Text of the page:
Congratulations! Now the API Gateway is up and running, ready to accept requests. Next steps are to configure Account Linking in the Alexa developer console to point to the API Gateway.
7. Click on the “Outputs” tab to copy / paste the two URLs that have been created for you and report them to the Alexa developer console.
Pay attention when copy / pasting. ProxyAuthenticationURL goes to “Authentication URL” in the Alexa developer console and ProxyAccessTokenURL goes to “Access Token URI” in the Alexa developer console.
8. Trigger an authentication on your skill and test your setup.
If everything goes well, and if account linking was working before making this change, it must still work. The difference now is that all the HTTP traffic between Alexa and your OAuth server is logged into CloudWatch Logs.
In the AWS Console, open CloudWatch and click on Logs. You should see three new Logs Groups.
The “Lambda” one contains the log of a temporary lambda function used during the stack creation only.
The “API Gateway Execution” contains the log of your traffic. This group contains hundreds of streams, you can sort them by date to see the ones that recently received new logs.
9. Click on “API-Gateway-Execution-Log_*” to open the group, sort the streams by date and click on the last one or the one before last. One contains the request to your Authentication URL, the other the request to your Access Token URL.
By looking at the logs, you can see entries for your request (path, query string, headers, body) and for the response.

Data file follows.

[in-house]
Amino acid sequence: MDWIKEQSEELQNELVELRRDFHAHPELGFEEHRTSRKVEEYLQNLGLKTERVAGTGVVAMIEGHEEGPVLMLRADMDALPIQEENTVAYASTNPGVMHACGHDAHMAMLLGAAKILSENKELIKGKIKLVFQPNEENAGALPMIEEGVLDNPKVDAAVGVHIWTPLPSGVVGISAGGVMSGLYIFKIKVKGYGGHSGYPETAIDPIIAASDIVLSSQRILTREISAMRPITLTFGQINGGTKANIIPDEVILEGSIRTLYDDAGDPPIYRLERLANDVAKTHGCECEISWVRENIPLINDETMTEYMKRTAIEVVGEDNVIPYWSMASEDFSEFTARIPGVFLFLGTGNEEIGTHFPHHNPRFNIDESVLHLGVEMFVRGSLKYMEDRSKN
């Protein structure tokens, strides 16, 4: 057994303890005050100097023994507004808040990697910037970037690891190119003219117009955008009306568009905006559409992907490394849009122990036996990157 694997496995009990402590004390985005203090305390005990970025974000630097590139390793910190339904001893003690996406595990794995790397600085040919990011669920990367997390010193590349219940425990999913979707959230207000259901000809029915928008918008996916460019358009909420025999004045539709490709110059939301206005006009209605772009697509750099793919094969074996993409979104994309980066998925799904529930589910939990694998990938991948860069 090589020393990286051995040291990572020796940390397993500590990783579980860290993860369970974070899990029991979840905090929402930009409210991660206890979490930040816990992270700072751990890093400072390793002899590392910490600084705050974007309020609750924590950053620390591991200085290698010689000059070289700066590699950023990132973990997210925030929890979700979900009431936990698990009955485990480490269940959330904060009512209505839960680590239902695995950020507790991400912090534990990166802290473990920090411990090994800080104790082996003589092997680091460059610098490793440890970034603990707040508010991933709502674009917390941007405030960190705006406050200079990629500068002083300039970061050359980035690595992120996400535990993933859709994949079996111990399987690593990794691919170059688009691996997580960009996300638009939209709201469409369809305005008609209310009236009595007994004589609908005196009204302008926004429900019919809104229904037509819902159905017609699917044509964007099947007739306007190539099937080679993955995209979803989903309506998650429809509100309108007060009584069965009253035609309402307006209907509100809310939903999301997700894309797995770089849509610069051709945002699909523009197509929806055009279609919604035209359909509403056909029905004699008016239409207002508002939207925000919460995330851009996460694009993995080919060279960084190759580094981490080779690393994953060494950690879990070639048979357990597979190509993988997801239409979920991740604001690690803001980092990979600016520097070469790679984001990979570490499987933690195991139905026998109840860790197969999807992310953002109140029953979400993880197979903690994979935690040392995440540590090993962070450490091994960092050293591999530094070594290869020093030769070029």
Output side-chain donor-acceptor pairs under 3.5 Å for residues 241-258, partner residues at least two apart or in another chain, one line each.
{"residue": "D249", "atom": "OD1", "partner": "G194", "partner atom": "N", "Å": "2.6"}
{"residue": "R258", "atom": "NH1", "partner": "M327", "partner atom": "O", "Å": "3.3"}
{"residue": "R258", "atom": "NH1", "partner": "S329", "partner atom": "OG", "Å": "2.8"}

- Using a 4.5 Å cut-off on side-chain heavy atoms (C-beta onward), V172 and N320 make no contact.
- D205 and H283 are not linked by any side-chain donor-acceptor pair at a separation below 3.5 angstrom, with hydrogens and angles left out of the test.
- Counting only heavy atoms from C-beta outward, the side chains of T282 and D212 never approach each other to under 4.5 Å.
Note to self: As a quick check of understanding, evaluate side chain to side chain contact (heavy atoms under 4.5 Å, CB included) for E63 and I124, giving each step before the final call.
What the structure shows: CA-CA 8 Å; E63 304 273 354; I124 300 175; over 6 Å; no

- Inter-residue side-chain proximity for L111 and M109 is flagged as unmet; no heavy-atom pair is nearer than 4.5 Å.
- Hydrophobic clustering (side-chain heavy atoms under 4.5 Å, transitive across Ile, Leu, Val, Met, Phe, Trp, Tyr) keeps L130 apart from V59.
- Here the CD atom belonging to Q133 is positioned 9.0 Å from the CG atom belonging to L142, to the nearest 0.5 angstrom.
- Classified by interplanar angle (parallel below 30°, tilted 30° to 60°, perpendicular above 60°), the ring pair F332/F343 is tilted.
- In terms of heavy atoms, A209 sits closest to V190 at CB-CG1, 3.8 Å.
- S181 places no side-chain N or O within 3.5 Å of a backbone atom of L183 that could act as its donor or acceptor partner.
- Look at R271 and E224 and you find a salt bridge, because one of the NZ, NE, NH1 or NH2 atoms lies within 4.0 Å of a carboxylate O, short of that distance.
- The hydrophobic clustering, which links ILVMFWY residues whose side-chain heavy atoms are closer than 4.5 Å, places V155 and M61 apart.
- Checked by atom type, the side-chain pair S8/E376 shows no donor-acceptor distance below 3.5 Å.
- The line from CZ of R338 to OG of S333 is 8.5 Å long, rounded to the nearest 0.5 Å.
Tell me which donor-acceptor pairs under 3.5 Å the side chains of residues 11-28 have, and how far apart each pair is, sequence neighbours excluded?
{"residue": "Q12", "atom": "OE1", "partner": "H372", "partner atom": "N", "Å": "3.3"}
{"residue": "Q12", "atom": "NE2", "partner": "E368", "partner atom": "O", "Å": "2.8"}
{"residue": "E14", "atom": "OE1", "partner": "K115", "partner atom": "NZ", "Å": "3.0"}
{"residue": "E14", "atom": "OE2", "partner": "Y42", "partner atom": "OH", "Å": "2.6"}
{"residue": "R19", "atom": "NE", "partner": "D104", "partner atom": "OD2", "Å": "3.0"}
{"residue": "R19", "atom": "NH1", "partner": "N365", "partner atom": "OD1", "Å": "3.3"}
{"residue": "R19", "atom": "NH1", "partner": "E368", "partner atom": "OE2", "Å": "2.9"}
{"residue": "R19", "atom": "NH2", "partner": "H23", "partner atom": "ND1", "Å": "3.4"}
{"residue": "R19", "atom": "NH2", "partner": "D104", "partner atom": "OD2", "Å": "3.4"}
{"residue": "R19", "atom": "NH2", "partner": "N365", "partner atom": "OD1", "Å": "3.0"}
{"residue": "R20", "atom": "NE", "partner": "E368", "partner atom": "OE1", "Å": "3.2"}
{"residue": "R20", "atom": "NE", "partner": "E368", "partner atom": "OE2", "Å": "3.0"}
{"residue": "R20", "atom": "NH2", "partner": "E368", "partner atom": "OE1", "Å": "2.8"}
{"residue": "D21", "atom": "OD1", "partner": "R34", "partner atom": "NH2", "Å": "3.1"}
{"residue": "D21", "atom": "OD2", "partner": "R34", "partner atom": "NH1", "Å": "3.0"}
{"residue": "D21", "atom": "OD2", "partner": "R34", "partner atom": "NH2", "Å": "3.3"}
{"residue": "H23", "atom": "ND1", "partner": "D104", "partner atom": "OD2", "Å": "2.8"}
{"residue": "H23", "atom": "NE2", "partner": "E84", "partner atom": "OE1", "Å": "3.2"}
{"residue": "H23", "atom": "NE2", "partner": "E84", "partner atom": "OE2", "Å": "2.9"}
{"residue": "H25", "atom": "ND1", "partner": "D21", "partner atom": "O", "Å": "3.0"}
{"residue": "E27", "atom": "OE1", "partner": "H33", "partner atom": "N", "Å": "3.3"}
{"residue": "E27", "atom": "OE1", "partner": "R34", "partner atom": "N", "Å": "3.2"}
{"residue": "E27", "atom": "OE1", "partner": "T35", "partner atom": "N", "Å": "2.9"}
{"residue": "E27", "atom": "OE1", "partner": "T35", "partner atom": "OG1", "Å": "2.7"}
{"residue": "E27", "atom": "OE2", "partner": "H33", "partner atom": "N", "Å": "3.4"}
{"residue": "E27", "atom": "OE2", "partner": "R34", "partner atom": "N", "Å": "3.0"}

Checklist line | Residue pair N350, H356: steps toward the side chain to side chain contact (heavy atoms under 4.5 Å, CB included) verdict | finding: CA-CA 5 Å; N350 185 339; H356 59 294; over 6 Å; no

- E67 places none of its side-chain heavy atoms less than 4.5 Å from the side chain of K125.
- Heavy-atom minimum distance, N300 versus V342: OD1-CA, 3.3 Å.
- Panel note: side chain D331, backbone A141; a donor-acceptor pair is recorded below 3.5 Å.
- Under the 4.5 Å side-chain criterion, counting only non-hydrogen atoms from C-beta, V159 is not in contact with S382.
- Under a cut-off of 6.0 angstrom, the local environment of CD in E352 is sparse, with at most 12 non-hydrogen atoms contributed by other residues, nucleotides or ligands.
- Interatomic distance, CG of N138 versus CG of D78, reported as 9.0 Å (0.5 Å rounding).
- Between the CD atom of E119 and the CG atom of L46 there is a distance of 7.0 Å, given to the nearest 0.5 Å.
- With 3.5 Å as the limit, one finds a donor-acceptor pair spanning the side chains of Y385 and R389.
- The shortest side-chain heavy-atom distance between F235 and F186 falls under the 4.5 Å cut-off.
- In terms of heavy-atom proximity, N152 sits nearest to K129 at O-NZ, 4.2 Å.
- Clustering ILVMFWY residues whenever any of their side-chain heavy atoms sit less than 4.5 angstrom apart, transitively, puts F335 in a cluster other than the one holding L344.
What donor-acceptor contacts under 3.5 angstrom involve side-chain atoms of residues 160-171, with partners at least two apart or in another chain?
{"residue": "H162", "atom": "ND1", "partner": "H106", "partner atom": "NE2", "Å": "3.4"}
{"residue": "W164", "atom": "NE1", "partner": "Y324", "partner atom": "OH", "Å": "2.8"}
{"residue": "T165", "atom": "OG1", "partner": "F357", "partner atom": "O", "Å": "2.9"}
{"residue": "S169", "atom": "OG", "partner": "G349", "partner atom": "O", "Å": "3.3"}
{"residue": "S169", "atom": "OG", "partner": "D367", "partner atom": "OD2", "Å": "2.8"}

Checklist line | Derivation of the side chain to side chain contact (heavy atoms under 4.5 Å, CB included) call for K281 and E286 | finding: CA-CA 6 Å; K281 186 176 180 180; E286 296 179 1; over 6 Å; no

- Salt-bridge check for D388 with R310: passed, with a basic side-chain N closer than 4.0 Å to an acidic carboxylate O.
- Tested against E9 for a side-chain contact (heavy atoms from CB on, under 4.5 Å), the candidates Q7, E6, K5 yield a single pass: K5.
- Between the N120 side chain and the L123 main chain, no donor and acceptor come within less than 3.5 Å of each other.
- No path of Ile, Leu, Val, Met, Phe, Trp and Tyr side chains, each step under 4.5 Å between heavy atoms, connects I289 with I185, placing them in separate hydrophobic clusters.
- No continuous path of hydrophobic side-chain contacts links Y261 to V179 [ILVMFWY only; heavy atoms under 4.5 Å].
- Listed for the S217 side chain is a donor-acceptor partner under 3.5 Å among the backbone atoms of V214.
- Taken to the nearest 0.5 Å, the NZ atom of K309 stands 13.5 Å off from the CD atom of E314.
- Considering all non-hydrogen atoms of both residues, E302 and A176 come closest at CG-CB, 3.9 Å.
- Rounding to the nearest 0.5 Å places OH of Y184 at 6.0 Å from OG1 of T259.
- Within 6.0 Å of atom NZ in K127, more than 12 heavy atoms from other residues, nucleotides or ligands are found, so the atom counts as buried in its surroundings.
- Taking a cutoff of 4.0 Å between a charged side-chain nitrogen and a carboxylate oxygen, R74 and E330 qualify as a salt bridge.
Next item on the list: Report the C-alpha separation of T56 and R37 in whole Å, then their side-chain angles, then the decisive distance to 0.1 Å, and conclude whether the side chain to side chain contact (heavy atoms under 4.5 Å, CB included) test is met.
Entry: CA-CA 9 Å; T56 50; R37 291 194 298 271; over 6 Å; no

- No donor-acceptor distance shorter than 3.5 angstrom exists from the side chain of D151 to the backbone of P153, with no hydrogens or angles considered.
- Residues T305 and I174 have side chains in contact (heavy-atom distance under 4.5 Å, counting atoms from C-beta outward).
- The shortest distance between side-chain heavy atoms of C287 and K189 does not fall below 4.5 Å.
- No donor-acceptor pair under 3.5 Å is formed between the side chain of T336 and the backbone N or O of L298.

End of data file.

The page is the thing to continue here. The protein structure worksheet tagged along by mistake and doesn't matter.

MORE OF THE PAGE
Enjoy! You know have a full HTTP logging system to debug your OAuth configuration.
Once you will finish your debugging session, do not forget to tear down the infrastructure to minimize your costs and exposure. You can delete the entire setup from the AWS CloudFormation console, just click on “Delete Stack” to delete everything except the log files. Log files are preserved for you for later analysis.
API Gateway is a very cost effective service, AWS will charge you $3.5 per million requests received + $0.09 / GB for data transfer.
AWS Cloudwatch Logs will charge you $0.50 / GB for storage log files and it is very unlikely you pass the part of 100 Mb for a single logging session.
Hypothetically, let's say you are running a debugging session with 10.000 HTTP requests, 200 bytes each, it will cost you
0,01 million requests x $3.5 = $0.035
200 bytes x 10.000 x 2 (in and out) = 0.004 Gb data transfer x $0.09 / Gb = $0.00039
Logs (assuming logs are 10x more verbose than content) : 0.04 Gb x $0.05 / Gb = $0.002
Total: $0.035 + $0.00039 + $0.002 = $0.03739
In this scenario, running debugging sessions for a few days with thousands of HTTP requests will cost you less than a dime.
Are you having problems following these instructions? Or the API gateway configuration does not work with your OAuth server? Let us know by posting a message in the Alexa Developer forums or by tweeting us @AlexaDevs.